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React without webpack: fast path to a working app from scratch

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Many people use Webpack because it's popular. create-react-app makes it even easier. But what if you prefer zero configuration? How minimal can your configuration for a React app get? This post contains my two favorite recipes for prototyping and shipping production React apps.

Truly single page application

These days I start every React project (including DataStation) the same way: a single HTML file.

First import React from a CDN.

index.html
<script src="https://unpkg.com/react@17/umd/react.development.js"></script>
<script src="https://unpkg.com/react-dom@17/umd/react-dom.development.js"></script>

Then import Babel so we can use JSX.

index.html
<script src="https://unpkg.com/babel-standalone@6/babel.min.js"></script>

Make a basic app with a few components:

index.html
<div id="root"></div>
<script type="text/babel">
  function Header() {
    return (
      <header>
        <div className="container">
          My great app
        </div>
      </header>
    );
  }

  function Body() {
    return (
      <main>
        <div className="container">
          <h1>Home</h1>
          <p>This is one great app.</p>
        </div>
      </main>
    );
  }

  function App() {
    return (
      <div>
        <Header />
        <Body />
      </div>
    );
  }
  ReactDOM.render(<App />, document.getElementById('root'));
</script>

Add some styles:

index.html
<style>
body {
  margin: 0;
  padding: 0;
}

.container {
  width: 1200px;
  max-width: 100%;
  margin: 0 auto;
}

header {
  background: black;
  color: white;
  padding: 15px 0;
}
</style>

Put it all together:

index.html
<script src="https://unpkg.com/react@17/umd/react.development.js"></script>
<script src="https://unpkg.com/react-dom@17/umd/react-dom.development.js"></script>
<script src="https://unpkg.com/babel-standalone@6/babel.min.js"></script>

<style>
body {
  margin: 0;
  padding: 0;
}

.container {
  width: 1200px;
  max-width: 100%;
  margin: 0 auto;
}

header {
  background: black;
  color: white;
  padding: 15px 0;
}
</style>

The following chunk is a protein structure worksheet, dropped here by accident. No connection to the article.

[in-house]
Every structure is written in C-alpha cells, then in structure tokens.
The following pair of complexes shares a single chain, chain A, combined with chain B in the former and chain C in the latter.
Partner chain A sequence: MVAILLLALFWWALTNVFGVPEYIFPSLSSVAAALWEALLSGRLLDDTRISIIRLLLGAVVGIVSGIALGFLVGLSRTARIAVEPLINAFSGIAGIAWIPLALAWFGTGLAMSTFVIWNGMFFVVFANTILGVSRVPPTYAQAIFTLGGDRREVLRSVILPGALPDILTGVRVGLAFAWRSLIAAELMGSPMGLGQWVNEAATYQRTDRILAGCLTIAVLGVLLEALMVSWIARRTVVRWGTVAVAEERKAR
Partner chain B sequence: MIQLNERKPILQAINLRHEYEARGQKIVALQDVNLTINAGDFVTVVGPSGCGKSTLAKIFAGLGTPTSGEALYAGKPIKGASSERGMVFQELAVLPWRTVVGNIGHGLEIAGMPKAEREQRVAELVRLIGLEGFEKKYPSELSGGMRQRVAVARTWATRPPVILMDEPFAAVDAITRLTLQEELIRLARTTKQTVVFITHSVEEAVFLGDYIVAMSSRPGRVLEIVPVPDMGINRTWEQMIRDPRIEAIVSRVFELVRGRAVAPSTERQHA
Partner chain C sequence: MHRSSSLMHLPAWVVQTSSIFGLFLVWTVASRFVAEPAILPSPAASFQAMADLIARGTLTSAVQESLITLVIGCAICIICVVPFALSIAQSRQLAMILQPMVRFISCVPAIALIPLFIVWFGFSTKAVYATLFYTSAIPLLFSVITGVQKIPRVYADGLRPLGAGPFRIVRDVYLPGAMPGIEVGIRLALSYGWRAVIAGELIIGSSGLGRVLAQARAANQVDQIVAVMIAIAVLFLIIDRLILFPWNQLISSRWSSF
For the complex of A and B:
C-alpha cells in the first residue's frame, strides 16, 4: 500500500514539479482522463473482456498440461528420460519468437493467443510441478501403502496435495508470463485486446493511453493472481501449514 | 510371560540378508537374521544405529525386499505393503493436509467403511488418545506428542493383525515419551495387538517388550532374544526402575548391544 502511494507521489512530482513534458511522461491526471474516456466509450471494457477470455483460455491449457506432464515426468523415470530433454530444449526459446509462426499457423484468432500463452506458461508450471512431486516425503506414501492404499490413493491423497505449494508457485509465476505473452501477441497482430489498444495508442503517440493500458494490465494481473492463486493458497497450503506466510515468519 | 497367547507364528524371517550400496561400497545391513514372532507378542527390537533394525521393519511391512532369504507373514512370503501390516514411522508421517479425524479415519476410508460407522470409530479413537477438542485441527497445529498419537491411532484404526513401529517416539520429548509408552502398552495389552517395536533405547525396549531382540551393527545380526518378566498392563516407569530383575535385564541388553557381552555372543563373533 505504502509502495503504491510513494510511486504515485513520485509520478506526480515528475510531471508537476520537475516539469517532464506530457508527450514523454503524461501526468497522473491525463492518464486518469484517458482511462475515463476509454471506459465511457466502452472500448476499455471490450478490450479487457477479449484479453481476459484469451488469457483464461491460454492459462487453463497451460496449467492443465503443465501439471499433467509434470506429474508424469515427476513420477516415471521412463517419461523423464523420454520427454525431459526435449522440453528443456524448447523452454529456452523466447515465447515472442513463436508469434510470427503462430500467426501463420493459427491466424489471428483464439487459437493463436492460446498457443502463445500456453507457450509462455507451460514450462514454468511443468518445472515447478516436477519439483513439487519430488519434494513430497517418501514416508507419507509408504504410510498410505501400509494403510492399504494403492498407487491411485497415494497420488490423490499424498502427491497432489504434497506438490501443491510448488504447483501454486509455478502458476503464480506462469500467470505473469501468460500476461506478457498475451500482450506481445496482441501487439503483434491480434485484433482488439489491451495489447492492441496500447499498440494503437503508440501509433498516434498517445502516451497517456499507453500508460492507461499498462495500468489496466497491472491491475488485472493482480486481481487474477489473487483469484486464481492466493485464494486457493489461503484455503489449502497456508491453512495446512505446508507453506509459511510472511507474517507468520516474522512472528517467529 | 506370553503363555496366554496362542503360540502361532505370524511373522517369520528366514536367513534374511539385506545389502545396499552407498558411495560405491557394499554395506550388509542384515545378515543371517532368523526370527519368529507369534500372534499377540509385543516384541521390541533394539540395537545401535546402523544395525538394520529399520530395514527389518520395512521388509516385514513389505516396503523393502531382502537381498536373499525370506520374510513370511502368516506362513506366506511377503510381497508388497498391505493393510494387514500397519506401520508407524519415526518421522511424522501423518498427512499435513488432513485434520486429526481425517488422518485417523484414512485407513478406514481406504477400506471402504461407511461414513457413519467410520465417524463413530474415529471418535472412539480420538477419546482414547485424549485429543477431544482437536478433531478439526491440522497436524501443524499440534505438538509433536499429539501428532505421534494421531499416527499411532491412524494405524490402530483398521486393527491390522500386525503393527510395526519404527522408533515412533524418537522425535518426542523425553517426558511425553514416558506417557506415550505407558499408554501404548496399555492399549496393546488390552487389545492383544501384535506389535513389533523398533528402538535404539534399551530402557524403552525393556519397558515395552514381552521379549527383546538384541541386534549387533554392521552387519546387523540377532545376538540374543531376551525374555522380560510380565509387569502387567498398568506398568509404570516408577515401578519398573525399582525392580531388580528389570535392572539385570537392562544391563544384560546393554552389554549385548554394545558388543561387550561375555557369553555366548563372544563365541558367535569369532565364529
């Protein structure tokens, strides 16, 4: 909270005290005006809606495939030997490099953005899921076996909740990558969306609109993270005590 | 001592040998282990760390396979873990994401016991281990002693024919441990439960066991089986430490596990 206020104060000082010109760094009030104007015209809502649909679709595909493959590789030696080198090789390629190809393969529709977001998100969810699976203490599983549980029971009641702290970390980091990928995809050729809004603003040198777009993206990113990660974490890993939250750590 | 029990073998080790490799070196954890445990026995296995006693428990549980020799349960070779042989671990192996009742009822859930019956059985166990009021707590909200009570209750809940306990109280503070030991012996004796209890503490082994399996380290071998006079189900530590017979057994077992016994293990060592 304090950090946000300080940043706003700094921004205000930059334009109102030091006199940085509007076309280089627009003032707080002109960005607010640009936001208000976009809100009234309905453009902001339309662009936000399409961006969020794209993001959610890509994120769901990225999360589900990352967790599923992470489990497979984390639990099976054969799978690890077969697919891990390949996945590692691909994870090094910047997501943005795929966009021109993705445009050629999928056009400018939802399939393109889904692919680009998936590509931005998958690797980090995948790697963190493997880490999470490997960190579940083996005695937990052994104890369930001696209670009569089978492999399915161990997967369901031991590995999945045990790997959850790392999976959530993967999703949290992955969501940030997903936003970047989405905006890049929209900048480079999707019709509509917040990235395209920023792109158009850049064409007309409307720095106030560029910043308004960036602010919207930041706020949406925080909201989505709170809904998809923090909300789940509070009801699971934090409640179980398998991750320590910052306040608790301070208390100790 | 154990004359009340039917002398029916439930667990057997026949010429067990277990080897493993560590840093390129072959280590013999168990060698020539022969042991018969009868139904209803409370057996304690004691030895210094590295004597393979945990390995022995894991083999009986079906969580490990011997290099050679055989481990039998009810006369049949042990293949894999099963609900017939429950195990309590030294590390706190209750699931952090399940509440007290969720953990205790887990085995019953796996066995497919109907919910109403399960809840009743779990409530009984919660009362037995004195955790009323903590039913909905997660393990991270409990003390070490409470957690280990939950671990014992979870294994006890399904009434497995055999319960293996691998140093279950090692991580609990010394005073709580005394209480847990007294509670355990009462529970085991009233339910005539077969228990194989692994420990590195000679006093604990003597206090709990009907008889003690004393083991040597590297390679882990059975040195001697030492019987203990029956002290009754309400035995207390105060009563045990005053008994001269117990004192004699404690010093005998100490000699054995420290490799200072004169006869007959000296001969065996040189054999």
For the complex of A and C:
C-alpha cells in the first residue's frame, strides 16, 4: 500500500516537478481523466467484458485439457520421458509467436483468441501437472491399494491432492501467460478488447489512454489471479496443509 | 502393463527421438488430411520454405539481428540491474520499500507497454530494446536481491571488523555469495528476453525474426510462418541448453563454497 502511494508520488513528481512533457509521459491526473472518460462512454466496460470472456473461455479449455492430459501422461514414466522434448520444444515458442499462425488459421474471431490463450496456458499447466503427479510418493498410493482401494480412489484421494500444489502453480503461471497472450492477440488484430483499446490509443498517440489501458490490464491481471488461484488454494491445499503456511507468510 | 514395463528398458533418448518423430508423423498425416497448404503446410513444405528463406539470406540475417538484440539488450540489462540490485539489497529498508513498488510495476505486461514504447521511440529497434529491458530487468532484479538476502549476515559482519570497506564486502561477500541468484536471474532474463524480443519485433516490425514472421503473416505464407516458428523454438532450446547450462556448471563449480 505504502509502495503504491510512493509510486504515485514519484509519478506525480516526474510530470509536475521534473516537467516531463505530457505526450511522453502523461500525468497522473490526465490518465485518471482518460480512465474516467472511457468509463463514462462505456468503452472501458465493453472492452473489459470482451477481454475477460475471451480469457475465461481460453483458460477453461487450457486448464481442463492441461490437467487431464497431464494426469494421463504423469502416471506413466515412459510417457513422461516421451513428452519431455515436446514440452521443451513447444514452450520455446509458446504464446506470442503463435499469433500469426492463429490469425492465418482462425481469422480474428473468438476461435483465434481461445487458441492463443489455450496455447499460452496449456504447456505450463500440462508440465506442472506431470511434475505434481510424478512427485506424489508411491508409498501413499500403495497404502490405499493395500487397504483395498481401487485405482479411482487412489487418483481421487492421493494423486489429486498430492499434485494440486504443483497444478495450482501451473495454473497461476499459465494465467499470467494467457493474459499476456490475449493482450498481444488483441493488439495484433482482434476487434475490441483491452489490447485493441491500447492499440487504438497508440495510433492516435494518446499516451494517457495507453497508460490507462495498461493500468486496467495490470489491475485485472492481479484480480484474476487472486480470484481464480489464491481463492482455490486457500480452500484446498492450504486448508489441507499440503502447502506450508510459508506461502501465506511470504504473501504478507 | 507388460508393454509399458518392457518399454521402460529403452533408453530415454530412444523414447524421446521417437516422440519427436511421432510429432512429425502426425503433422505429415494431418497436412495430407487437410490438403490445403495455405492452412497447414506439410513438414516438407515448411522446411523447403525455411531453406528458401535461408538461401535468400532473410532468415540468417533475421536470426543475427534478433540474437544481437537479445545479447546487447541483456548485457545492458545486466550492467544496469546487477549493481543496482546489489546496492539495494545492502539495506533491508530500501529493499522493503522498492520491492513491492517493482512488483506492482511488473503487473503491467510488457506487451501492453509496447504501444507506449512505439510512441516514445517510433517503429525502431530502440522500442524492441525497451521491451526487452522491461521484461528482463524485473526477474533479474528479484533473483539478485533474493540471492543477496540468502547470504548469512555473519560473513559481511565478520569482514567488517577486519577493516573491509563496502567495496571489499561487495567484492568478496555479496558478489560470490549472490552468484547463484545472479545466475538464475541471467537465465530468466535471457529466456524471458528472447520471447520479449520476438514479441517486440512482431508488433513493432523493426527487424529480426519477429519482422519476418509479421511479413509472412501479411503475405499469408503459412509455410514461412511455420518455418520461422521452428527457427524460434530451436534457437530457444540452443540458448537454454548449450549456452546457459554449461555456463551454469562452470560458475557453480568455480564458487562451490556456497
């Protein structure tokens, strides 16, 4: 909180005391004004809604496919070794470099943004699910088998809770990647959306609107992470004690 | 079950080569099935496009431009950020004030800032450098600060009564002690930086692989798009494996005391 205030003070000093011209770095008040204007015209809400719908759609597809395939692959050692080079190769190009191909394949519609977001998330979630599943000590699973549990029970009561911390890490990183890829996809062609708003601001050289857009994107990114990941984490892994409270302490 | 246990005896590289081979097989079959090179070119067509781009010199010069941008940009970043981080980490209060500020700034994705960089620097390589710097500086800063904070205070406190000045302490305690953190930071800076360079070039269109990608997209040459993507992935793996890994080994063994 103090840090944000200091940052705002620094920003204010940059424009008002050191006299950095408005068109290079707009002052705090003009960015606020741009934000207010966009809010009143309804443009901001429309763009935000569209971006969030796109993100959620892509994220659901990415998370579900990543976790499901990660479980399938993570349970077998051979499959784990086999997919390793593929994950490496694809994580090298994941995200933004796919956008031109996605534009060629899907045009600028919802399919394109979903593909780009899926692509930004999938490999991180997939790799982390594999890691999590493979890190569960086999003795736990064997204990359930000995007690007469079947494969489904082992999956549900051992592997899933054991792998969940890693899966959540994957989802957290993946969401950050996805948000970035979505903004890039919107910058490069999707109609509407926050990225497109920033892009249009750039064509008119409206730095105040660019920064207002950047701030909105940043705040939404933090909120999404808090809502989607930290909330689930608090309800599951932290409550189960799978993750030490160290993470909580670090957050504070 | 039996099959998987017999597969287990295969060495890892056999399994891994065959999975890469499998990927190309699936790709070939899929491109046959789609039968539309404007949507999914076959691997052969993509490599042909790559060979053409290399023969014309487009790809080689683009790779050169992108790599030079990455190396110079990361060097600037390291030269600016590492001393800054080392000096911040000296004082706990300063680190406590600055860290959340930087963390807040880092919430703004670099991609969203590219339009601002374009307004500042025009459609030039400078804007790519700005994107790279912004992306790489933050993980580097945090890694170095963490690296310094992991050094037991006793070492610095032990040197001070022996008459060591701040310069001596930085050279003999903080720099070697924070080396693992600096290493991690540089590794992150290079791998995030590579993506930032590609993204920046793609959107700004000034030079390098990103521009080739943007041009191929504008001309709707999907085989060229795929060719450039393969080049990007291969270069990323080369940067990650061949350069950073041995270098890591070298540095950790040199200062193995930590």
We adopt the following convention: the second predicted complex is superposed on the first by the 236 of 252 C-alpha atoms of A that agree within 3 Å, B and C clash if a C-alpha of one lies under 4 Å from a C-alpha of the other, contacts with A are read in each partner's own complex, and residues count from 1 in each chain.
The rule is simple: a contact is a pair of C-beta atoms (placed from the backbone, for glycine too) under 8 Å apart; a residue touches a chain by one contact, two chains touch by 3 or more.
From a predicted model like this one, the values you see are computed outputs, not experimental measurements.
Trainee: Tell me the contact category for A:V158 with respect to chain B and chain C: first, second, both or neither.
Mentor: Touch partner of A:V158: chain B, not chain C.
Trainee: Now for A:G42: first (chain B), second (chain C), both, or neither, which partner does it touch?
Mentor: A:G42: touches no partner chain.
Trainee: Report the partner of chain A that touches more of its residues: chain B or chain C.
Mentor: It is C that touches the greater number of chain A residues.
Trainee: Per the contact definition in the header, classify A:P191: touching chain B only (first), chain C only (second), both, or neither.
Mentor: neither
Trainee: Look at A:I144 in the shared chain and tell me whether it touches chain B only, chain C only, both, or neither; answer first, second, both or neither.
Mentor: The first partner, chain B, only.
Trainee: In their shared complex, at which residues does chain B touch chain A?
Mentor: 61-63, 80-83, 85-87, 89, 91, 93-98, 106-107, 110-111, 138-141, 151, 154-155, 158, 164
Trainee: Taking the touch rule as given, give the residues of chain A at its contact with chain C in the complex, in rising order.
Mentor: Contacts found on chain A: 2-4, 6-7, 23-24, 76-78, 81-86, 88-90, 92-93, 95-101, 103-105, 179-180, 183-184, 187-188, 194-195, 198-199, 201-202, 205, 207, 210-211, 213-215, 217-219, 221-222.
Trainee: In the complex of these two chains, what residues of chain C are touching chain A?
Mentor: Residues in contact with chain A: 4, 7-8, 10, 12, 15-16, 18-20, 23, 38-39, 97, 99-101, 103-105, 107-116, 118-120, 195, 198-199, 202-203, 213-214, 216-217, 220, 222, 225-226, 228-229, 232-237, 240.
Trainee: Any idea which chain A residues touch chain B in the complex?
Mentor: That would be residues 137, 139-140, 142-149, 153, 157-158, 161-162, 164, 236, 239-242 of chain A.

<div id="root"></div>
<script type="text/babel">
  function Header() {
    return (
      <header>
        <div className="container">
          My great app
        </div>
      </header>
    );
  }

  function Body() {
    return (
      <main>
        <div className="container">
          <h1>Home</h1>
          <p>This is one great app.</p>
        </div>
      </main>
    );
  }

  function App() {
    return (
      <div>
        <Header />
        <Body />
      </div>
    );
  }
  ReactDOM.render(<App />, document.getElementById('root'));
</script>

I was able to build a fairly complex but working prototype of DataStation using this single file approach. It is very simple.

Downsides and alternatives

There are a few downsides to this approach. Breaking out this file into separate CSS with link tags and multiple JavaScript with or without esmodules is easy enough. But all non-esmodule libraries will be in the global window namespace. And it's easier to manage dependencies through package.json rather than in index.html referencing a CDN URL.

Recently there have been a number of projects that have tried to solve the complexity of Webpack by providing zero configuration. Parcel and esbuild are two I've used. Esbuild is one of the fastest bundlers today, and is the one I now default to.

Esbuild

All esbuild does is bundle and "browserify" all JavaScript files imported by some entrypoint script. So in this form we'll have three separate parts of the project: a 1) index.html file that references a 2) CSS file and a 3) single JavaScript file.

The CSS file is easy:

style.css
body {
  margin: 0;
  padding: 0;
}

.container {
  width: 1200px;
  max-width: 100%;
  margin: 0 auto;
}

header {
  background: black;
  color: white;
  padding: 15px 0;
}

The HTML entrypoint will no longer need to include React or Babel since esbuild will handle that when imported from our JavaScript file. All it needs to do now is contain the "root" div and reference the CSS and JavaScript files:

index.html
<link rel="stylesheet" type="text/css" href="/style.css">
<div id="root"></div>
<script src="/app.js"></script>

Now we can break the React code up into three separate files: index.jsx, body.jsx, and header.jsx. And we can switch to using import to include React.

header.jsx
import React from 'react';

export function Header() {
  return (
    <header>
      <div className="container">
          My great app
        </div>
    </header>
  );
}
body.jsx
import React from 'react';

export function Body() {
  return (
    <main>
      <div className="container">
        <h1>Home</h1>
        <p>This is one great app.</p>
      </div>
    </main>
  );
}
index.jsx
import React from 'react';
import ReactDOM from 'react-dom';

import { Header } from './header';
import { Body } from './body';

function App() {
  return (
    <div>
      <Header />
      <Body />
    </div>
  );
}
ReactDOM.render(<App />, document.getElementById('root'));

And that's it! Now we need to set up package.json with all the necessary packages.

$ yarn init
$ yarn add --dev esbuild
$ yarn add react react-dom

Calling esbuild will make the bundle.

$ yarn esbuild --bundle index.jsx --outfile=build/app.js && cp index.html style.css build

And then using a simple HTTP server will make all of the site accessible.

$ python3 -m http.server --directory build

And you're done! If you want to make it even more developer-friendly you can install fswatch like we do in DataStation development.

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Questions? Feedback? Feel free to reach the author at phil@multiprocess.io.

Or to stay in the loop about future posts!